Think about how much our lives revolve around relationships: romance, family, friends, work, pets, and so on. They’re such a big part of human existence that it’s no wonder most of the significant compositional choices photographers make involve relationships between elements in our scenes, either to one another or to their environment.
A pretty sunset is nice, but a pretty sunset over the Grand Canyon especially nice. Likewise, why be satisfied with an image of mountain cascade when we can accent the scene with an autumn leaf? And wouldn’t that tree up there on the hill look great beneath a setting crescent moon? Conscious choice or not, these are all relationships—distinct elements connected in a shared moment.
Some photographers are better than others at creating relationships; some do it instinctively, seemingly pulling relationship from thin air no matter where they are to find a nearby tree that perfectly complements a distant peak; others are more calculating, identifying the potential for a future relationship and taking the steps to be there when it happens—a moonrise, the Milky Way, or a rainbow. Most photographers fall somewhere on the continuum connecting these two extremes. And contrary to what you might read online or hear in your camera club, there is no single “best” approach to creating photographic relationships.
The more we can think in terms of finding relationships in nature, adding that extra element to our primary subject, or finding multiple elements and organizing them, through positioning and framing, in a way that guides the eye through the frame, the more our images will connect on a subconscious level that draws people closer and holds them longer.
Yosemite visitors burst from the darkness of the Wawona Tunnel like Dorothy stepping from her monochrome farmhouse into the color of Oz. This is Tunnel View, a veritable who’s-who of Yosemite icons chock full of ready-made relationships for photographers to feast on: El Capitan, Cloud’s Rest, Half Dome, Sentinel Rock, Sentinel Dome, Cathedral Rocks, Leaning Tower, and Bridalveil Fall. That’s a lot of stuff to take in without a camera, so it’s easy, especially for first-time or infrequent visitors, to just snap a picture of the whole thing and call it good.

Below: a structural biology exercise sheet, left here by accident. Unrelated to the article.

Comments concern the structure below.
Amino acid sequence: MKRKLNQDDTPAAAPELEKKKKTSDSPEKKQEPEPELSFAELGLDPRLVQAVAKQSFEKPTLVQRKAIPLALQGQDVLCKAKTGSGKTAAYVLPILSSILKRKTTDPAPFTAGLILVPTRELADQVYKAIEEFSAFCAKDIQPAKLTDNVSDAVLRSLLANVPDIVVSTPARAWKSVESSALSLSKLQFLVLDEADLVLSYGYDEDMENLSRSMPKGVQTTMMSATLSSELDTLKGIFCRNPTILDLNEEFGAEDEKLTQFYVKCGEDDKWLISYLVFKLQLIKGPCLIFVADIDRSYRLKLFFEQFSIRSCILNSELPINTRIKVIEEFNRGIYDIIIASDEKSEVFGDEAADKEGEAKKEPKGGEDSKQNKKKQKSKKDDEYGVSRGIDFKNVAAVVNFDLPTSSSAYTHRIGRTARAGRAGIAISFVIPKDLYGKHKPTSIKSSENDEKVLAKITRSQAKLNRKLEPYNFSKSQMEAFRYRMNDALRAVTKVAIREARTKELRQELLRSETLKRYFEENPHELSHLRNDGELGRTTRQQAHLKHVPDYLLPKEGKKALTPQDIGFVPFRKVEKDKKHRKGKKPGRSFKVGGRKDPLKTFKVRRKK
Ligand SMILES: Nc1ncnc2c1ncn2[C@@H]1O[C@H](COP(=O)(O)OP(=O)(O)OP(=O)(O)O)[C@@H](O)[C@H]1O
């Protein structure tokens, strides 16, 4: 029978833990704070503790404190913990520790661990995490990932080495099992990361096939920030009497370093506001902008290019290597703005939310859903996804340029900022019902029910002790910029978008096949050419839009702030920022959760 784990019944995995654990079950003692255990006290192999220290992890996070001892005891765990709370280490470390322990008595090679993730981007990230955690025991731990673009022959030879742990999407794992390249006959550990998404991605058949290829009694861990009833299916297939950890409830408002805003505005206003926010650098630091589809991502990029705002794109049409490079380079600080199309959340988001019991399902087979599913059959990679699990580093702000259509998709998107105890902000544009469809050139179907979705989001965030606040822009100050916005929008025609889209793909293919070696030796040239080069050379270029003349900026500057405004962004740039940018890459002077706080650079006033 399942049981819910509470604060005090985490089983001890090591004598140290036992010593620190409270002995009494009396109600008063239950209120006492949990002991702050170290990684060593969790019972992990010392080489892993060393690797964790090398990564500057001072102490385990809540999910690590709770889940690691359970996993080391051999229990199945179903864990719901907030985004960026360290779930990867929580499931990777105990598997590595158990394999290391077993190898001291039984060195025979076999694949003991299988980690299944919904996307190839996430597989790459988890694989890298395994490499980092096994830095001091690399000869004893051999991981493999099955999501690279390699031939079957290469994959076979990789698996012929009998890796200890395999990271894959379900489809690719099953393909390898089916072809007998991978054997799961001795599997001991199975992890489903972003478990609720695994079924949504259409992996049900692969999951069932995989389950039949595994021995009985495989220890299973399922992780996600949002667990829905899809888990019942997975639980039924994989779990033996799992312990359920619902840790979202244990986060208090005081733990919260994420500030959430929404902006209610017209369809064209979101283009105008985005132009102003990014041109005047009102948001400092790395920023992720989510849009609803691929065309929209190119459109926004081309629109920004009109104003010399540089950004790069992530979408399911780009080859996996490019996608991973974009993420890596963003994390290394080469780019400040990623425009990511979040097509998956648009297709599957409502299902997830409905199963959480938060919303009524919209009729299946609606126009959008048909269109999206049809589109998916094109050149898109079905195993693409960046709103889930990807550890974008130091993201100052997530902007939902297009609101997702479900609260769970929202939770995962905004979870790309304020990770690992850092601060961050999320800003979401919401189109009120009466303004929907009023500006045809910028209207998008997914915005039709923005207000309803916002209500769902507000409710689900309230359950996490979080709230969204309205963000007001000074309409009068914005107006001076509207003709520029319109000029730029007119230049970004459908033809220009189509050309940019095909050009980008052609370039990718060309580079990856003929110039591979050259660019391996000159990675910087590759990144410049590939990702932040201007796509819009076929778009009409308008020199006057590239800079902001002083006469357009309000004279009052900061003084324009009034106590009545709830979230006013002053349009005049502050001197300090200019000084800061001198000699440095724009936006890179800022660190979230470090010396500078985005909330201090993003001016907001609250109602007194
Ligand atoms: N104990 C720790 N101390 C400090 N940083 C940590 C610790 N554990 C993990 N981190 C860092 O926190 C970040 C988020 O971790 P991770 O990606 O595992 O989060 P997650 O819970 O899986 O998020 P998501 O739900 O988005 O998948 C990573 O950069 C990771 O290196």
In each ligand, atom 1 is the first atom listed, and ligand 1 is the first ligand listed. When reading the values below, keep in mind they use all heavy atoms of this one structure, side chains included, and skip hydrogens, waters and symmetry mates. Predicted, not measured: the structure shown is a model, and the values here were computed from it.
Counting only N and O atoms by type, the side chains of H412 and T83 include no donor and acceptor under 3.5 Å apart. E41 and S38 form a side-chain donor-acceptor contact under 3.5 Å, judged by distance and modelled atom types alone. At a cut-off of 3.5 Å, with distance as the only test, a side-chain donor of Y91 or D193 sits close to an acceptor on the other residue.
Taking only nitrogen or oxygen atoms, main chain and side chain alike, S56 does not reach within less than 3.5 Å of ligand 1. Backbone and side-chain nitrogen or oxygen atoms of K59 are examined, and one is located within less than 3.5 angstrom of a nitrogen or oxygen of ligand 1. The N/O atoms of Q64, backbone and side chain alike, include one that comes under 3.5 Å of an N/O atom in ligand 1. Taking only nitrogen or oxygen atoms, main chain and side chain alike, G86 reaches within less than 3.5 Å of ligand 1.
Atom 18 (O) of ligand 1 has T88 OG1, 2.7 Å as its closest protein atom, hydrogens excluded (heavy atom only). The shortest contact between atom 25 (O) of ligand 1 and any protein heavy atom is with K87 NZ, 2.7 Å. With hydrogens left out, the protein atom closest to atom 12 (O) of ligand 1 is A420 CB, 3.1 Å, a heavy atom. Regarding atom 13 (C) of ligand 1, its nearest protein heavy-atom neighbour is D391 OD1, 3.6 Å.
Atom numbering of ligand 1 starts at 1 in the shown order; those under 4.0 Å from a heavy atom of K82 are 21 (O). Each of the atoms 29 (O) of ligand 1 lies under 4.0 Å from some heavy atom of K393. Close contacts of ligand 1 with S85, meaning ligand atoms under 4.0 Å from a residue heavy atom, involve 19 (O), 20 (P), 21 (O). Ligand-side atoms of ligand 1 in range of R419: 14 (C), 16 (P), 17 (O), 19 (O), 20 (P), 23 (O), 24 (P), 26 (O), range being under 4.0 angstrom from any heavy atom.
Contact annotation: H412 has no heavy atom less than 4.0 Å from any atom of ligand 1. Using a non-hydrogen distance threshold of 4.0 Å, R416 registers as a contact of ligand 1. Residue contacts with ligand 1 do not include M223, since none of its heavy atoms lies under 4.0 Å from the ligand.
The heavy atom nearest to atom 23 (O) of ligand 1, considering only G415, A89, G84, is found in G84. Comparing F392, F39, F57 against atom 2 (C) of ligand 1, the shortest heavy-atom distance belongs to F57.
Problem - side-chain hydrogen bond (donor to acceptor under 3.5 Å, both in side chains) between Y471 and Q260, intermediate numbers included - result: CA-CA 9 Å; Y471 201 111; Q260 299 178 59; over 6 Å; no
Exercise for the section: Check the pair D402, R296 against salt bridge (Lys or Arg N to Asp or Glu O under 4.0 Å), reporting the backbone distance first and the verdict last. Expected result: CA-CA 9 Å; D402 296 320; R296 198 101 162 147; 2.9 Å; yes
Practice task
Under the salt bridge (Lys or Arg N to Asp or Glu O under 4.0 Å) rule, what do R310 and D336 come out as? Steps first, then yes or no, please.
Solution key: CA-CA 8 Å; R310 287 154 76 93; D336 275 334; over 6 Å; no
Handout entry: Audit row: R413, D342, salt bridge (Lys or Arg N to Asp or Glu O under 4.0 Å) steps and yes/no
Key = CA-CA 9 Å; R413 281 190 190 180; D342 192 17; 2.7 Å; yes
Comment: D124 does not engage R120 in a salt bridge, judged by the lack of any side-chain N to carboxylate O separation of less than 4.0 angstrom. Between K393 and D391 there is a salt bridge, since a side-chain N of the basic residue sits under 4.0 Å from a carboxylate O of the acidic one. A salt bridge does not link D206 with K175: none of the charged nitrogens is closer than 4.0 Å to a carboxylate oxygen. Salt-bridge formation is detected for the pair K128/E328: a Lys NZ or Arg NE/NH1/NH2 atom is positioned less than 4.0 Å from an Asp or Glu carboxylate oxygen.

If you keep the camera out a little longer, or visit Tunnel View a few times, relationships within the relationships start to pop out: El Capitan and Half Dome, Half Dome and Bridalveil Fall, Bridalveil Fall and Cathedral Rocks, and so on. But as nice as these combinations are, Yosemite’s truly special stuff doesn’t happen until the conditions cooperate by serving up a clearing storm, rainbow, fresh snow, or rising moon.
I’m fortunate to live close enough to Yosemite to time visits with the idea of adding these little extras to my images. Some of these trips come up at the last minute, spurred by a weather forecast that promises snow or lightning. Other trips I can plan months or years in advance, based on where the sun, moon, or stars will be, or maybe to catch a seasonal feature like fall color. These are the visits that I usually time my Yosemite workshops for: light on Horsetail Fall in February, a moonbow or the dogwood bloom in spring, fall color each autumn, or a rising full moon in winter.
About this image
My goal this December evening a few years ago was a nearly full (96%) moon rising through the twilight hues above Half Dome. It had been on my calendar for over a year, but thanks to a winter storm, the main event was in doubt when I arrived. Fortunately, the clouds soon relented, parting just as the sky started to pink up. As a bonus, the departing storm left the valley floor glazed with a treetop hugging mist. (Talk about an embarrassment of riches.)
When I photograph a scene with so much going on, I first decide the feature or features to highlight—which brings me back to the relationship thing. The entire scene this evening, from El Capitan on the left to Leaning Tower on the right, was beautiful, but I knew the more of it I included, the smaller the moon became—and to me the moon was the star of this show.
When assembling elements in any composition, I start by identifying the objects with visual weight—the objects that will draw viewers’s eyes. Contrast, mass, color, position all play a role in determining visual weight. In this case I identified the moon, Half Dome, and Bridalveil Fall (in that order). Sometimes I can adjust these obects’ relationships to each other by strategic positioning—moving left/right, forward/backward, up/down—but here I was perched on a cliff behind the conventional Tunnel View vista, which limited my mobility.
Evaluating the scene, pretty much everything I wanted in this image was between Half Dome and Cathedral Rocks. I quickly decided that a vertical composition would be best to feature the color in the sky and fog on the valley floor without going wider than necessary. And while I’d normally try to avoid having the two “heaviest” objects on the same side of my frame (the moon and Half Dome), in this scene the right side of the frame had enough extra stuff to balance things. In addition to Bridalveil Fall, I also had bulky Cathedral Rocks and a solitary evergreen standing boldly against the fog.
My final decision was how to handle the nearby evergreen lurking on the right. To gain some separation between the tree and Bridalveil, I moved as far left as my surroundings allowed, enabling me to use the tree as a natural frame on the right border. Click.
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